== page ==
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            The timed "Up & Go": a test of basic functional mobility for frail elderly persons.

            This study evaluated a modified, timed version of the "Get-Up and Go" Test (Mathias et al, 1986) in 60 patients referred to a Geriatric Day Hospital (mean age 79.5 years). The patient is observed and timed while he rises from an arm chair, walks 3 meters, turns, walks back, and sits down again. The results indicate that the time score is (1) reliable (inter-rater and intra-rater); (2) correlates well with log-transformed scores on the Berg Balance Scale (r = -0.81), gait speed (r = -0.61) and Barthel Index of ADL (r = -0.78); and (3) appears to predict the patient's ability to go outside alone safely. These data suggest that the timed "Up & Go" test is a reliable and valid test for quantifying functional mobility that may also be useful in following clinical change over time. The test is quick, requires no special equipment or training, and is easily included as part of the routine medical examination.
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              The relation of the trail making test to organic brain damage.

               R REITAN (1955)

                Author and article information

                BMJ Open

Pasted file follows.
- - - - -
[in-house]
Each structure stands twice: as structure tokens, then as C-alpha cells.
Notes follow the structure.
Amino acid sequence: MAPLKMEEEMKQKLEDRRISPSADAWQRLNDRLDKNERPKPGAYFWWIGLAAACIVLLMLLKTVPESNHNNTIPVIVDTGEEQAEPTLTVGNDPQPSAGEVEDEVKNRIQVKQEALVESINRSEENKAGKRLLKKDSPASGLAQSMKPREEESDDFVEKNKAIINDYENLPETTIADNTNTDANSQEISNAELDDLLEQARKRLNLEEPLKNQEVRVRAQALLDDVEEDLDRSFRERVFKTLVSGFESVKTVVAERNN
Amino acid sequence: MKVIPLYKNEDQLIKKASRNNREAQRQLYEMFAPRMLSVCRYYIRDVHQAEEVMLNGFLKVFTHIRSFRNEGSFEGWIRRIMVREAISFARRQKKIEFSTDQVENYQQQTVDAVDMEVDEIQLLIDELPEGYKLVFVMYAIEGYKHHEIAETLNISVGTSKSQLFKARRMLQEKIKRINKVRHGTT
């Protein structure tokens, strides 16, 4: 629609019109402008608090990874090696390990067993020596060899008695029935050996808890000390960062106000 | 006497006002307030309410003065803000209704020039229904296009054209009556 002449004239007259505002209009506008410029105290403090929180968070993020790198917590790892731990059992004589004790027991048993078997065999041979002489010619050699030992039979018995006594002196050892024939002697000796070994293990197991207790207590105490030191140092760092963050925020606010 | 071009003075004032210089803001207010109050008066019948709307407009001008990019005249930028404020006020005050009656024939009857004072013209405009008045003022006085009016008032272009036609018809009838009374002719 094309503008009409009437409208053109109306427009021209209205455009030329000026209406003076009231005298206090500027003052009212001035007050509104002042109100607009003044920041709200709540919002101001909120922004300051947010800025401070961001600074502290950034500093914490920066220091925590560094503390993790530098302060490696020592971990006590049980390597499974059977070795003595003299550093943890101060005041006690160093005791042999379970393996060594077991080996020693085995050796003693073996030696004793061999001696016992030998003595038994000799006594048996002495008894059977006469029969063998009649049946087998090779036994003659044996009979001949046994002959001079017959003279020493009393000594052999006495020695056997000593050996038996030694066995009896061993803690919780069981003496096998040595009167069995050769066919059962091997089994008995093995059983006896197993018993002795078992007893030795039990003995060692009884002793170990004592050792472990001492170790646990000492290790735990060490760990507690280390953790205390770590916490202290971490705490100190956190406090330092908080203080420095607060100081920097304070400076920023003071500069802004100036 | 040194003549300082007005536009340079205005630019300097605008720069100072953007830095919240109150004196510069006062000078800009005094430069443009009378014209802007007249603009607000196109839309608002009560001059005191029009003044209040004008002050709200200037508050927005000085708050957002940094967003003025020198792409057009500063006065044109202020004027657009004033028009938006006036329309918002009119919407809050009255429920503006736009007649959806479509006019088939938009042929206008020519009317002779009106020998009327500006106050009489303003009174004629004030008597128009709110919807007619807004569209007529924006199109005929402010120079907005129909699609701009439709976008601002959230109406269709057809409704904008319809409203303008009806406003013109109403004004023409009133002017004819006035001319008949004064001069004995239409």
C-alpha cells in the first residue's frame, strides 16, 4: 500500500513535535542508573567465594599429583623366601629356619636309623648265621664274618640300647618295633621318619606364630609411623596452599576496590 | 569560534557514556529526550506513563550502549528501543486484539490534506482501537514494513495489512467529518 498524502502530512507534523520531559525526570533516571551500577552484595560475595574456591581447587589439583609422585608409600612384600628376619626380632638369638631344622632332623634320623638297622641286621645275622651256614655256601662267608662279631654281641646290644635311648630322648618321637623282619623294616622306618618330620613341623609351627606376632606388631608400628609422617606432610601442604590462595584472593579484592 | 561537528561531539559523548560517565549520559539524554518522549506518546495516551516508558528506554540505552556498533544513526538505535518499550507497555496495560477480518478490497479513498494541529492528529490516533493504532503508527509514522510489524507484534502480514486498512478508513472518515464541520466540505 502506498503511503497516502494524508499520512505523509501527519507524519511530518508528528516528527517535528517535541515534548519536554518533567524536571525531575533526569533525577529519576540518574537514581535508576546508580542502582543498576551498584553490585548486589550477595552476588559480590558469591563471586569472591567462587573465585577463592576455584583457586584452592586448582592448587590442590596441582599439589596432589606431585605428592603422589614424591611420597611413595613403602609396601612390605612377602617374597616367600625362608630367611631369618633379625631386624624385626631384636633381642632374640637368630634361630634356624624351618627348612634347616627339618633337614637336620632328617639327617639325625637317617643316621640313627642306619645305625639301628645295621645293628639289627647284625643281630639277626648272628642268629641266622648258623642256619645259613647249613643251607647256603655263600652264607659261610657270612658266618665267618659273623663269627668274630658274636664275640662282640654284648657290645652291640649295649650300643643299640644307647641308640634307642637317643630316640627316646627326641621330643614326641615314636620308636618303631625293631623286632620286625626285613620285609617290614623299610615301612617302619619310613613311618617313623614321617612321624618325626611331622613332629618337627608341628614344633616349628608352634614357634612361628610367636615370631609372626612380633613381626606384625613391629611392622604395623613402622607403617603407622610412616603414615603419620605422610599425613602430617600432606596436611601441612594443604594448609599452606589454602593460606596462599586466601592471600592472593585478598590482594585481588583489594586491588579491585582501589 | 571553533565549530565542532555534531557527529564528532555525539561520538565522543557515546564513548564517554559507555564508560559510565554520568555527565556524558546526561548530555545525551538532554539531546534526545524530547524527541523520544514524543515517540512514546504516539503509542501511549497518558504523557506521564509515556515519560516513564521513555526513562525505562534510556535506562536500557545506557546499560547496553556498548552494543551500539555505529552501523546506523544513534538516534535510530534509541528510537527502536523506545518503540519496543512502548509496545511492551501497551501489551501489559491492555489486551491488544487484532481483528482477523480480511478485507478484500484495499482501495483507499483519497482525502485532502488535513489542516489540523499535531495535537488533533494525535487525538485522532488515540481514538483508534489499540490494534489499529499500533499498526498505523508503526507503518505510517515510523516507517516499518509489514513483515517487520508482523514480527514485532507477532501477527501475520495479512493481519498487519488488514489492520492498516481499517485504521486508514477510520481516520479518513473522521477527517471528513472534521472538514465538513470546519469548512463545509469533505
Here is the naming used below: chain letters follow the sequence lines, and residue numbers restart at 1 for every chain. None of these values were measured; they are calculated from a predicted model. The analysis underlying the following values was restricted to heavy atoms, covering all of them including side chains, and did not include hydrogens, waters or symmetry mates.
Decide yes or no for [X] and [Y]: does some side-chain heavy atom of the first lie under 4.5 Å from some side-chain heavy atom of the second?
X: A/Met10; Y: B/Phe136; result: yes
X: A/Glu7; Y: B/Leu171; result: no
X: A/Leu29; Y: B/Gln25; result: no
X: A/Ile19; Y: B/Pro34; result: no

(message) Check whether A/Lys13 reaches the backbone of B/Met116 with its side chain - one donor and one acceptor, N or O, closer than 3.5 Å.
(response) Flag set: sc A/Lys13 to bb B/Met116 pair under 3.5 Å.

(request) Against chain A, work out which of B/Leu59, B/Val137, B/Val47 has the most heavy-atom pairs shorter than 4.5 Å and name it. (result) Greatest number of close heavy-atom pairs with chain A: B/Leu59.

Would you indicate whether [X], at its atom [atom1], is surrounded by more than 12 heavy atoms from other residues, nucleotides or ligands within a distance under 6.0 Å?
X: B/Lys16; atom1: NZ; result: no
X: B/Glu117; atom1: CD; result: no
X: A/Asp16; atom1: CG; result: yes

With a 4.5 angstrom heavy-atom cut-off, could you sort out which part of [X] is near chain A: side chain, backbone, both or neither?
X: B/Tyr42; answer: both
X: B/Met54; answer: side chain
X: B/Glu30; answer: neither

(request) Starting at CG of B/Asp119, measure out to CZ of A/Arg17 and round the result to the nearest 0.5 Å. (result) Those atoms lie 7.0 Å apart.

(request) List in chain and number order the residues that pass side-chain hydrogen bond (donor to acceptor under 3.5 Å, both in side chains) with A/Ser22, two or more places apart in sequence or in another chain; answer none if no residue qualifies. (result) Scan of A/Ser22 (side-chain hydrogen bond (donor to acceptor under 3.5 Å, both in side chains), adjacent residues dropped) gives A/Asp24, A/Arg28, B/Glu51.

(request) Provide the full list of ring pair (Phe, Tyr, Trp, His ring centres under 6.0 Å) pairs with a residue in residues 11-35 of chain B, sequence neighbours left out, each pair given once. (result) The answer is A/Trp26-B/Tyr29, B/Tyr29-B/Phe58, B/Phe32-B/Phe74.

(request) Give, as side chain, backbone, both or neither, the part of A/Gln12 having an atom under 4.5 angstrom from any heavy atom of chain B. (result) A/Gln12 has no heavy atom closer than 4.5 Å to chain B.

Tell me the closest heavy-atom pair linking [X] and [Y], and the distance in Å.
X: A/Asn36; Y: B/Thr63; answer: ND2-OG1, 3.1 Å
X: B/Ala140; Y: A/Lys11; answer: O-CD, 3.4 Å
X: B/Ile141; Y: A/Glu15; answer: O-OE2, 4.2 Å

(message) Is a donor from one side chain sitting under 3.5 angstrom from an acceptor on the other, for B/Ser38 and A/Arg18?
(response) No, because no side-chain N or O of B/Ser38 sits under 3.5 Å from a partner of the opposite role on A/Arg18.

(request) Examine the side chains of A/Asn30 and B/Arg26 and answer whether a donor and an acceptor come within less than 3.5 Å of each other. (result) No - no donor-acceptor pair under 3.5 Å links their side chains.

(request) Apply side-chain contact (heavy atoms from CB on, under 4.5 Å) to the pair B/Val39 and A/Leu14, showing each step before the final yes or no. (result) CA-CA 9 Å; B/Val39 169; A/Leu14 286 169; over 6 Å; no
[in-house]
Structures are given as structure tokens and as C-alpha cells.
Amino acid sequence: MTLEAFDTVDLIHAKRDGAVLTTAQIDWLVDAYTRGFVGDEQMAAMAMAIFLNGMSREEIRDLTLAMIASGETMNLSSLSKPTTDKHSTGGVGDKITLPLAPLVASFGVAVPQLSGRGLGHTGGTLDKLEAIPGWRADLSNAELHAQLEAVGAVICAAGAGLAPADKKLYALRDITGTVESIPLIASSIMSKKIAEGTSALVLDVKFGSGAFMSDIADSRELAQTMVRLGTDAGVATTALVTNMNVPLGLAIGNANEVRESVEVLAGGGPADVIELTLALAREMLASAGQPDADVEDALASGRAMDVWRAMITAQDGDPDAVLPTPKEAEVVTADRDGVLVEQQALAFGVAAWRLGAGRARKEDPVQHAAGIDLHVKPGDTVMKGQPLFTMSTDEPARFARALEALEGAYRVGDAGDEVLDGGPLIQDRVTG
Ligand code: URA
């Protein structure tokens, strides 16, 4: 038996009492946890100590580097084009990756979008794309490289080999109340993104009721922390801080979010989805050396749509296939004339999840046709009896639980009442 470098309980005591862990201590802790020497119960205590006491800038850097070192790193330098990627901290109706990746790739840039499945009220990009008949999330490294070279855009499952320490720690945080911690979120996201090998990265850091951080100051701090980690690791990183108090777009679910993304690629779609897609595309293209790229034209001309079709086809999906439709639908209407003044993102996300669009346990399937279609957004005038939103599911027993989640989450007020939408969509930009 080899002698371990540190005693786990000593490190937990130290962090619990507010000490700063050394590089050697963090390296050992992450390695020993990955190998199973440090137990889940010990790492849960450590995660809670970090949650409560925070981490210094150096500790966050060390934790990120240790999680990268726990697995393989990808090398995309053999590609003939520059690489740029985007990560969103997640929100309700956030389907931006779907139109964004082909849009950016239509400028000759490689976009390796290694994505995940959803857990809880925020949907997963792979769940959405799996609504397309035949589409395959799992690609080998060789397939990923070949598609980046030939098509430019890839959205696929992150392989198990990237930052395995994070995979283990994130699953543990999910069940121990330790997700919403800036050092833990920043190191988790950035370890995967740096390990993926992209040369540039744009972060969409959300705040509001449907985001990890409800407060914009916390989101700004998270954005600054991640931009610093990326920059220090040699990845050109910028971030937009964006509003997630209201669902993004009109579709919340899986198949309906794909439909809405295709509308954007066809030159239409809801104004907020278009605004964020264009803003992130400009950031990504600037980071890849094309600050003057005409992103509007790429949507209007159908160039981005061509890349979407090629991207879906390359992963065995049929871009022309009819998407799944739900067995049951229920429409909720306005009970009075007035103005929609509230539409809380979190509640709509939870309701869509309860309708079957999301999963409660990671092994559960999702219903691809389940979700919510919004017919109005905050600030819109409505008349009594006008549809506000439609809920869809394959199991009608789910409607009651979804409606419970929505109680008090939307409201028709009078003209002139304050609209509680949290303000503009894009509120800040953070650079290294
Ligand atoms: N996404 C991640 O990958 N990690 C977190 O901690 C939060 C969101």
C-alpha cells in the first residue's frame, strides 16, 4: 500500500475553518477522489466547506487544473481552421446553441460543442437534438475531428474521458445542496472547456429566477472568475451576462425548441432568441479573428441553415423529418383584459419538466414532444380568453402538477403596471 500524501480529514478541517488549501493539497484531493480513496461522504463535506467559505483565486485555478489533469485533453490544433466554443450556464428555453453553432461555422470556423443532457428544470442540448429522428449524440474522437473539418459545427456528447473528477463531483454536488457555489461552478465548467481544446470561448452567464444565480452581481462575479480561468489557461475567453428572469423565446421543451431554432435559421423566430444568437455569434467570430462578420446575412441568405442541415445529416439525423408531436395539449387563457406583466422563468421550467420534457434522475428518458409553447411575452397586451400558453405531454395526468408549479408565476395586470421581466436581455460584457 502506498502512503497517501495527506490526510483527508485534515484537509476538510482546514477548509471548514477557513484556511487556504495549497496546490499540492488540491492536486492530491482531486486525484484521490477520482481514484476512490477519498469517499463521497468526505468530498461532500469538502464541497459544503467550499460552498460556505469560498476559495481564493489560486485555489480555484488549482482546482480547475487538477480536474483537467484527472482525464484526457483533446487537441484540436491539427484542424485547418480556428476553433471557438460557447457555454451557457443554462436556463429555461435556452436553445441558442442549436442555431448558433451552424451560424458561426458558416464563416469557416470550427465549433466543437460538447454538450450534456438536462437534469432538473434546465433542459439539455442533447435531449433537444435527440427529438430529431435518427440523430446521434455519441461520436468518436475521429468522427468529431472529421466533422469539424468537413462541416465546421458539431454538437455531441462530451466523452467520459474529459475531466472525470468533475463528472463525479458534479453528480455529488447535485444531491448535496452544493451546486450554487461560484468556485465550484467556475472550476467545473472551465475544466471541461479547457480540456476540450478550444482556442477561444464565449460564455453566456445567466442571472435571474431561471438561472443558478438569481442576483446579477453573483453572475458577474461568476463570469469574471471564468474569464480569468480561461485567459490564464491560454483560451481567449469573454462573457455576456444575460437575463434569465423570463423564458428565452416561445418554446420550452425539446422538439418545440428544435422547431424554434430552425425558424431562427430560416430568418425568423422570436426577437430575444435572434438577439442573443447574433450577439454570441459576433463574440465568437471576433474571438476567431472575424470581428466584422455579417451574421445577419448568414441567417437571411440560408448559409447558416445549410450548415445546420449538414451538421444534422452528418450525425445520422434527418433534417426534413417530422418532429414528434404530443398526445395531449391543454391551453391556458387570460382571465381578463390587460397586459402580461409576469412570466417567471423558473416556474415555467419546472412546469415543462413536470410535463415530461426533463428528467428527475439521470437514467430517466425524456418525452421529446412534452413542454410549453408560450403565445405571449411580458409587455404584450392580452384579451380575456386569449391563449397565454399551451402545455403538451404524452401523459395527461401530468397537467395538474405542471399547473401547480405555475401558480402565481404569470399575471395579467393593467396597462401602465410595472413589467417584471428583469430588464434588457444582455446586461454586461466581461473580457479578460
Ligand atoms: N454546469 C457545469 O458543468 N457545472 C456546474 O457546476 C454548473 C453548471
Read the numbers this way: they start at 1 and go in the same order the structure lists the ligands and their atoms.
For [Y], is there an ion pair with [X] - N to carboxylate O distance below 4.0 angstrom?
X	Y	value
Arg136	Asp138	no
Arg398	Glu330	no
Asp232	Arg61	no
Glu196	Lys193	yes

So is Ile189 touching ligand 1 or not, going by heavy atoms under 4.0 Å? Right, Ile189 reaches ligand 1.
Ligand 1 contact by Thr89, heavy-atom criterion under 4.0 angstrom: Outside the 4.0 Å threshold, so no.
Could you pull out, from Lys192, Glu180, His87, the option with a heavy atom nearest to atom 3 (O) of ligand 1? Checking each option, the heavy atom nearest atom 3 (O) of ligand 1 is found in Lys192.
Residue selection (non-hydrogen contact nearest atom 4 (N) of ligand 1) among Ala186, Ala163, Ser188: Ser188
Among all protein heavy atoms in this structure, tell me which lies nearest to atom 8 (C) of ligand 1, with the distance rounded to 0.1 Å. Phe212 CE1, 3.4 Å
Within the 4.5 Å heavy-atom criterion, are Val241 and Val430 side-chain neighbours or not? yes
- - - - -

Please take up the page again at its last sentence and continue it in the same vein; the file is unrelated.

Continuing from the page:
BMJ Open
                BMJ Open
                BMJ Publishing Group (BMA House, Tavistock Square, London, WC1H 9JR )
                19 July 2018
                : 8
                : 7
                [1 ] departmentGroningen Research Institute of Pharmacy, Unit of PharmacoTherapy, Epidemiology and Economics , University of Groningen , Groningen, Netherlands
                [2 ] departmentDepartment of General Practice , University Medical Centre Groningen, University of Groningen , Groningen, The Netherlands
                [3 ] departmentDiscipline of Pharmacy, Graduate School of Health , University of Technology Sydney , Sydney, New South Wales, Australia
                Author notes
                [Correspondence to ] Helene G van der Meer; h.g.van.der.meer@
                © Article author(s) (or their employer(s) unless otherwise stated in the text of the article) 2018. All rights reserved. No commercial use is permitted unless otherwise expressly granted.

                This is an open access article distributed in accordance with the Creative Commons Attribution Non Commercial (CC BY-NC 4.0) license, which permits others to distribute, remix, adapt, build upon this work non-commercially, and license their derivative works on different terms, provided the original work is properly cited and the use is non-commercial. See:

                Funded by: Koninklijke Nederlandse Maatschappij ter bevordering der Pharmacie;
                Patient-Centred Medicine
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                deprescribing, polypharmacy, muscarinic antagonists, medication review, drug burden index, aged